Sri Sadhu Om lived at Sri Arunachala Ramana Nilayam located near Sri Ramanasramam, Tiruvannamalai, for almost thirty years until he left his mortal coil in 1985. His service to Ramana devotees was exemplary. Sri Sadhu Om (Swamigal) compiled and edited Sri Ramana Jnana Bodham in verses sung extempore by the senior devotee, Sri Muruganar, which ran to nine volumes in manuscript form. This was published by Sri Ramana Kendra, New Delhi because of the interest shown by Dr K Swaminathan.

Swamigal also compiled the book Sri Ramana Vazhi (The Path of Ramana) in four volumes, the first volume is on Self Enquiry (Who am I?), the second is on Karma and Bhakti, the third volume, entitled Sadhanai Saram; contains instructions for aspirants on the path. The final of the four volumes is a compilation of Sri Sadhu Om’s writings in Arul – a  magazine of which he was the editor. This final volume is comprised of questions asked by devotees of Sri Ramana Maharshi, and the answers given to them. These questions and answers were in manuscript form until 1965, at which time they were printed in order that the teachings could reach a greater number of devotees.

Sadhu Om also wrote commentaries on Sri Bhagavan Ramana’s Upadesa Undhiyar, Ulladu Narpadhu and Hymns on Arunachala. The only way one can pay tribute to this supremely benevolent human being, is by applying his practical hints in one’s practice of Self-enquiry.

From a young age Swamigal was bent upon knowing Truth and was in search of a Guru. He was born in the village of Punnai Nalloor near Tanjore, South India. On completion of his schooling he joined the Revenue Department as a clerk. In his search for a Guru, he went to Sri Ramakrishna Mutt, Chennai and told the President that he was in search of Truth and asked for guidance. The President seeing his pakva asked him to visit Sri Ramana Maharshi. On Swamigal’s enquiring from friends about Sri Ramana devotees living nearby, he was directed to Janaki Mata (who used to regularly visit Sri Ramanashram with friends).

When Swamigal visited her home, Sri Aksharamanamalai was under recitation. Swamigal was thrilled and his yearning to visit Tiruvannamalai increased. Janaki Mata informed Swamigal that they were leaving for Tiruvannamalai the next week and invited him to join her party.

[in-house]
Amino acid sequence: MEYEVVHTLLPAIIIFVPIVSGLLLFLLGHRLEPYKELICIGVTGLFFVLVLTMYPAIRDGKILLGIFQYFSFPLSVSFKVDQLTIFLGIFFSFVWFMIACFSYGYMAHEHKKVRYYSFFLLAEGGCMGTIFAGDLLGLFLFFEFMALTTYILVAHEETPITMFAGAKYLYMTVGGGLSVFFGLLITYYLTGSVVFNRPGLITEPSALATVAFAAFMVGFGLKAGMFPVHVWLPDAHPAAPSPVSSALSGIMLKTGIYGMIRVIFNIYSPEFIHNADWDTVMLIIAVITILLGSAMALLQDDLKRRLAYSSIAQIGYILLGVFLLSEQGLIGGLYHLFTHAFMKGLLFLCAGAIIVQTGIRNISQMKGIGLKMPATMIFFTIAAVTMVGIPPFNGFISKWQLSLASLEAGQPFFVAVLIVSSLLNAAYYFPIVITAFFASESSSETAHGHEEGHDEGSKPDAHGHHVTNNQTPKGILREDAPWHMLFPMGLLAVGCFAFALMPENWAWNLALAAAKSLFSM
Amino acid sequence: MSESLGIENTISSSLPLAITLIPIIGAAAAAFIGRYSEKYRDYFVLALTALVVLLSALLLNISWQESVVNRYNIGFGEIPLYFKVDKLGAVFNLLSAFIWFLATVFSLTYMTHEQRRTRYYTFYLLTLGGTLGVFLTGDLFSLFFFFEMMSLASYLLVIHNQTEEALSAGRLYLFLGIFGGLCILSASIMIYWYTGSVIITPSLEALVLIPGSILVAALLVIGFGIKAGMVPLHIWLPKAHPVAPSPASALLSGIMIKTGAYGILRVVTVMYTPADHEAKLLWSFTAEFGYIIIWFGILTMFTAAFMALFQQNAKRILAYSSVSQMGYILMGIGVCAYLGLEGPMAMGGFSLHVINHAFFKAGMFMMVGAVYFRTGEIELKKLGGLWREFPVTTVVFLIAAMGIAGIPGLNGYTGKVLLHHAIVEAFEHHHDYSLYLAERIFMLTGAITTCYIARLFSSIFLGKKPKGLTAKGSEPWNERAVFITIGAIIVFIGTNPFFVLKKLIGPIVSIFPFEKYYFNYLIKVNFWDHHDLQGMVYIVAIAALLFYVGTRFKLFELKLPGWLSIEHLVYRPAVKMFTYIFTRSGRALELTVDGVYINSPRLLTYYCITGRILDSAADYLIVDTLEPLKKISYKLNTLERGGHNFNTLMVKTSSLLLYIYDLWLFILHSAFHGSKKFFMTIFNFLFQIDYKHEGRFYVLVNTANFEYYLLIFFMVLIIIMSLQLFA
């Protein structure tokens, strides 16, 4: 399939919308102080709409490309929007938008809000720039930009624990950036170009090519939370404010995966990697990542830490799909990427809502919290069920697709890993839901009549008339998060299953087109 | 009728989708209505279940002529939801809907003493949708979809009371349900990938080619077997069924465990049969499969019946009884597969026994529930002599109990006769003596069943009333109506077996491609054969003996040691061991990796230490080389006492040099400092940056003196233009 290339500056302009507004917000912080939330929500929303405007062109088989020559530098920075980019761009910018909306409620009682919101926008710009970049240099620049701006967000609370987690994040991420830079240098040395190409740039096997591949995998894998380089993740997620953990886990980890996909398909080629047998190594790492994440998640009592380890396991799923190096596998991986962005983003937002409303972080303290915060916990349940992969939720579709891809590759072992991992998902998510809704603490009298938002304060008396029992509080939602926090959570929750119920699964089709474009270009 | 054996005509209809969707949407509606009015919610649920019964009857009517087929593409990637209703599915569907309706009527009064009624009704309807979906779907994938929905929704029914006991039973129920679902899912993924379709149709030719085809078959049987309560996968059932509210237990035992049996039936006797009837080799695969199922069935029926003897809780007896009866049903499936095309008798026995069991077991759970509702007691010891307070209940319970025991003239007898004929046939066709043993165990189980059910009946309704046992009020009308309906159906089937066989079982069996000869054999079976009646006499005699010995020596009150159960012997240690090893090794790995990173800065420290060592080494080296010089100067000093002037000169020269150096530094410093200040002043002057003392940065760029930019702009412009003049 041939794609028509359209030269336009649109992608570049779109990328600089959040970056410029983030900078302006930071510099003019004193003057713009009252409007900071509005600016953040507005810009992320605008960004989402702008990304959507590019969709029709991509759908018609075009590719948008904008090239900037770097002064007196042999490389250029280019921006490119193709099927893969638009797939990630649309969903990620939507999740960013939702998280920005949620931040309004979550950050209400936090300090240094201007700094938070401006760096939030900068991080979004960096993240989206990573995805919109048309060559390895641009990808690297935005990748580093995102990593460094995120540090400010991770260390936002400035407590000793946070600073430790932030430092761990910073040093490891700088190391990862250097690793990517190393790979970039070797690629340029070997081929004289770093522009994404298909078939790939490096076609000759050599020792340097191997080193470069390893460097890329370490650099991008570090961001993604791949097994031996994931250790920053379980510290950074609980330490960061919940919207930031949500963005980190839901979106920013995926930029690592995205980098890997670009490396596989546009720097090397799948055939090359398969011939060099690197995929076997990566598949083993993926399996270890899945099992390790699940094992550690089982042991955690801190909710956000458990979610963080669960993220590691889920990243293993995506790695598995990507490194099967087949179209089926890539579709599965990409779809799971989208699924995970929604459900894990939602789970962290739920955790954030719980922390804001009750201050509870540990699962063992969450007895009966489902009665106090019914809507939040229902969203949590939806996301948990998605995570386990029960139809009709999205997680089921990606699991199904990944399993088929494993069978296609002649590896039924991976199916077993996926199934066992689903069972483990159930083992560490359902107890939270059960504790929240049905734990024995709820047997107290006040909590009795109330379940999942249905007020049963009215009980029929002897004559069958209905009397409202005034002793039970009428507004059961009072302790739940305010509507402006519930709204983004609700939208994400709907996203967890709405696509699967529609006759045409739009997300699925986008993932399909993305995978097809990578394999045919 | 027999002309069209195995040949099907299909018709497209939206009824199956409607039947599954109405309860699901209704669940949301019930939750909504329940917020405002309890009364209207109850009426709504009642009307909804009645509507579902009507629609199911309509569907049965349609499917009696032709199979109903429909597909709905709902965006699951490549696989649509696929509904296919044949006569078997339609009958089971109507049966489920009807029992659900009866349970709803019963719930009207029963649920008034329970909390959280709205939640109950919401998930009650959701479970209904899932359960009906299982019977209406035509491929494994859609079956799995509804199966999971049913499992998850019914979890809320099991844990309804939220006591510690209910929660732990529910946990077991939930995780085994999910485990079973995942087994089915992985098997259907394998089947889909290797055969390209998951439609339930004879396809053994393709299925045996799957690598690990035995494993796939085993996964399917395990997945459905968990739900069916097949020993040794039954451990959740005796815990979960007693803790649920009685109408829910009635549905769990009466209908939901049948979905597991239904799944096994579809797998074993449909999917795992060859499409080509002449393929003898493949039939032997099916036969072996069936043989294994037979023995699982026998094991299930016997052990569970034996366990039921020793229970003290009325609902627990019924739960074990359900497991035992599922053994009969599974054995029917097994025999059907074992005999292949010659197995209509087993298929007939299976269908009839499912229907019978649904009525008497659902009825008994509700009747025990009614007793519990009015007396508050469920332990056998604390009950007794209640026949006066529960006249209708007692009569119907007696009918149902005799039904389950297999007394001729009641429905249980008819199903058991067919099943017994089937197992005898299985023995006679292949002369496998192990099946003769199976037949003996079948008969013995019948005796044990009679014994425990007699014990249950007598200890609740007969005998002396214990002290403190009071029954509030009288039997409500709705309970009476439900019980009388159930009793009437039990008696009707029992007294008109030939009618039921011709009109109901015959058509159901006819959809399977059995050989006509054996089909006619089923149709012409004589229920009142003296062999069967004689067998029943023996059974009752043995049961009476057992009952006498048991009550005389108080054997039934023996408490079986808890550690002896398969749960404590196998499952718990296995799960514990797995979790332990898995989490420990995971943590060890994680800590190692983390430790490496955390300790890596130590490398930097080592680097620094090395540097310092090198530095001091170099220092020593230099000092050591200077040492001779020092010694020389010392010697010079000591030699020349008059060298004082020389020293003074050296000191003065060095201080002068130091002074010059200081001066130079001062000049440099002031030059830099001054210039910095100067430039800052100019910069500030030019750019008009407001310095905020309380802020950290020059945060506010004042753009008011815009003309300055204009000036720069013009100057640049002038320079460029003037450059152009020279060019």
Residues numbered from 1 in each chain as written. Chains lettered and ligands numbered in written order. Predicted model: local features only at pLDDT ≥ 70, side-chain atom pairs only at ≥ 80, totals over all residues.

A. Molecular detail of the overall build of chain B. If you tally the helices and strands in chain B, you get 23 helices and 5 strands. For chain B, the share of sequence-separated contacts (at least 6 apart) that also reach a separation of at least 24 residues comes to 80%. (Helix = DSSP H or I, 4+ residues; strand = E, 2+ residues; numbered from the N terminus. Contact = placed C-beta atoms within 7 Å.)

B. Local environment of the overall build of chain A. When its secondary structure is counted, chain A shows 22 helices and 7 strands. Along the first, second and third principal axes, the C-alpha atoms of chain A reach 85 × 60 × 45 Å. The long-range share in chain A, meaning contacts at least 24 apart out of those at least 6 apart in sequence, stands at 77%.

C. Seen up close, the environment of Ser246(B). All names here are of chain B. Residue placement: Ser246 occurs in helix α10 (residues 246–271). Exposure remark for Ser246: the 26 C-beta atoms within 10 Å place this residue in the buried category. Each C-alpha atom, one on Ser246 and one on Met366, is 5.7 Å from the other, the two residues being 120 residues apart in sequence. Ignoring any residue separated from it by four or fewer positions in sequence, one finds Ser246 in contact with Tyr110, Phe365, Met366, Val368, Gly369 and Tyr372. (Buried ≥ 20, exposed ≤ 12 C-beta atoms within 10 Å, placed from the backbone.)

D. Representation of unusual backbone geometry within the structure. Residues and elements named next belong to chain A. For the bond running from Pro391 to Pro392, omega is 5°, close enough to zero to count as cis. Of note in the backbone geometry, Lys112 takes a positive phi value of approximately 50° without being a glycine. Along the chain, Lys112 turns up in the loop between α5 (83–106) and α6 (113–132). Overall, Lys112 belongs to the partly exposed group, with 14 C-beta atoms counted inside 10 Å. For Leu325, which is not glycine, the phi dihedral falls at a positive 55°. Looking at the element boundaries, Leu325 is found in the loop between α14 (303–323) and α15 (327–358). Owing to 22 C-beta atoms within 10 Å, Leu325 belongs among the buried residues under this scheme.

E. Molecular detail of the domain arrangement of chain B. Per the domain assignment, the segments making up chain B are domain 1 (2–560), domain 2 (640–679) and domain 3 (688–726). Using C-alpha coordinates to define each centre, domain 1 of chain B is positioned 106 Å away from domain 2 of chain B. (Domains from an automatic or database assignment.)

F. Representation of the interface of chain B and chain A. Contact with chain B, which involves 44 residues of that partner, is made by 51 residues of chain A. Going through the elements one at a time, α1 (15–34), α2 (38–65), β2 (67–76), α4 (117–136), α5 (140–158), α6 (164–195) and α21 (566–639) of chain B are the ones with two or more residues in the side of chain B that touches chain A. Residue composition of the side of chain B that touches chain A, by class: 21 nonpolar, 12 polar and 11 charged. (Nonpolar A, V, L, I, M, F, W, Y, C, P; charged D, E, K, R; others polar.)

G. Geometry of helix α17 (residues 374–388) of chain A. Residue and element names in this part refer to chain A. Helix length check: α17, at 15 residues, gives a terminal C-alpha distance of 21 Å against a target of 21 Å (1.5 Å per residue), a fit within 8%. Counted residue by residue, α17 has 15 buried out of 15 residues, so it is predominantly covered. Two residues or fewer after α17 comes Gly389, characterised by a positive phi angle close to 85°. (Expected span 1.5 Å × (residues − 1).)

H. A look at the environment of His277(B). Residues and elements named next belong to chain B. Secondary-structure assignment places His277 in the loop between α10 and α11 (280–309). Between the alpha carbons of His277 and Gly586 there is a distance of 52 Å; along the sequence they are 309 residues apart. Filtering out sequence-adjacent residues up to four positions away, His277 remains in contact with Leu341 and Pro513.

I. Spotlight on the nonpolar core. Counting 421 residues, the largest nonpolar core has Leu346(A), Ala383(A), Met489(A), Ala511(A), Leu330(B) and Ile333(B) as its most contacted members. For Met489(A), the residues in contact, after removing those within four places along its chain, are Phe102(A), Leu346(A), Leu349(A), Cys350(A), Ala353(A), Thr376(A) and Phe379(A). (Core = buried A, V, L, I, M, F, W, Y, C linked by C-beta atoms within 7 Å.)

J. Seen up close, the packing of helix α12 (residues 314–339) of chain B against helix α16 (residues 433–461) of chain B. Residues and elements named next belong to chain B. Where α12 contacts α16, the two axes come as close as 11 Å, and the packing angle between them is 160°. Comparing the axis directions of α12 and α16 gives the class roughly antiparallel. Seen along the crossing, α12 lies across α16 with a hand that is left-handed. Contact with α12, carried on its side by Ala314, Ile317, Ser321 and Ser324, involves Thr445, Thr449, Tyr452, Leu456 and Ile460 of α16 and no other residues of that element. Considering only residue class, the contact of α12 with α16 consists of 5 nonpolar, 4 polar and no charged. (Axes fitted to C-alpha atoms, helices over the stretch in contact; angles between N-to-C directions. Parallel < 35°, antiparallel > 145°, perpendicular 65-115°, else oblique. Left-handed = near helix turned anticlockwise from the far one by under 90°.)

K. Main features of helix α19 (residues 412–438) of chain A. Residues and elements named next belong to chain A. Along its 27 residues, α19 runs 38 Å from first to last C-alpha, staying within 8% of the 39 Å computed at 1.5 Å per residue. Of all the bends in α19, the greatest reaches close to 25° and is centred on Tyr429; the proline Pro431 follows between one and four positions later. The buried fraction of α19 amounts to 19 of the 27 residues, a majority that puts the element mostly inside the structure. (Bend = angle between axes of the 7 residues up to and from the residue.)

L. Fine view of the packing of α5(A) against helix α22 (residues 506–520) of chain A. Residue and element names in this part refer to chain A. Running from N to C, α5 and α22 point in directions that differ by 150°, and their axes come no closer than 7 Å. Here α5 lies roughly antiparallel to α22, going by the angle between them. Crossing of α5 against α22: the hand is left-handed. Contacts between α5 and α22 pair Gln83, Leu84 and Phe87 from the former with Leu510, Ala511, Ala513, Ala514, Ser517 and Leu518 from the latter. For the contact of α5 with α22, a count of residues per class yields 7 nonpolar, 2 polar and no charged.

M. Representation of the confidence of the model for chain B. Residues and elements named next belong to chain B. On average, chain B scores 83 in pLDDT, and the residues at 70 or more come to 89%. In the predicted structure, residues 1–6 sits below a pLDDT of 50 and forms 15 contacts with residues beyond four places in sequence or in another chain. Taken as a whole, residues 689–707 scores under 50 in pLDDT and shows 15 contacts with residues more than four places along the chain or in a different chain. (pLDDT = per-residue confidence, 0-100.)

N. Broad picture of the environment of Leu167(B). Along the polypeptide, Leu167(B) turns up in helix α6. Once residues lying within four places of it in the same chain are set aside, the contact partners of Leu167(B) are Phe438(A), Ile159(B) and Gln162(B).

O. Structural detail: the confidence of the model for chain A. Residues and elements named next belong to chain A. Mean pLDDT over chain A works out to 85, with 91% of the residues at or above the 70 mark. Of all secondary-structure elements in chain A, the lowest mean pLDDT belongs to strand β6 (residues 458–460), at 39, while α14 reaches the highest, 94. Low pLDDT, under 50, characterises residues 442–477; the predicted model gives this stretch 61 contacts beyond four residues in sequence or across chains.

On 6th July, 1946, Sadhu Om went with Janaki Mata to meet Sri Bhagavan. Everyone went into the hall where Sri Bhagavan was sitting and prostrated before him. When Sadhu Om went up to prostrate before Sri Bhagavan, he saw only Sri Bhagavan's empty seat. Thinking that Sri Bhagavan had gone out without his noticing, he prostrated before the seat. When Sadhu Om got up, he saw a dense mass of light appear which gradually took the form of Sri Bhagavan's physical body. In this way, Sri Bhagavan revealed His Nirguna Sath Swaroopa for Sri Swamigal on his very first visit.

A couple of weeks later, Sadhu Om went back to Sri Ramanasramam to have darshan of Sri Bhagavan. He sat on rock on Arunachala composing poems on Sri Bhagavan under the title, Vetkai [Divine longing]. After composing the 7th poem, he realised it was breakfast time, and he quickly went to the Ashram dining hall.

He entered the dining hall and seeing that Sri Bhagavan was eating there, he sat in front of Sri Bhagavan, and started eating. When Sri Bhagavan finished his breakfast, he got up from the seat. Seeing this, Sadhu Om also got up, although he had not finished eating. Sri Bhagavan looked at Sadhu Om and said, Vandha Velaiyaip Paar (Look after the business for which you have come).

Sadhu Om then sat down, but since he had gotten up while eating, he was reluctant to continue eating. Sri Bhagavan, after washing his hands, was walking alongside the dining hall. Seeing that Sadhu Om was reluctant to eat, he repeated the words, Vandha Velaiyaip Paar. Hearing these words, Sadhu Om started eating again. As Sri Bhagavan went near the entrance and was about to pass over the threshold, Sadhu Om turned back and looked at Sri Bhagavan. Sri Bhagavan also looked at Sadhu Om and uttered the same words, Vandha Velaiyaip Paar, for the third time in succession.

At this point, Sadhu Om realised that the words were Sri Bhagavan's upadesa for him, to look after the business for which he was born in this world.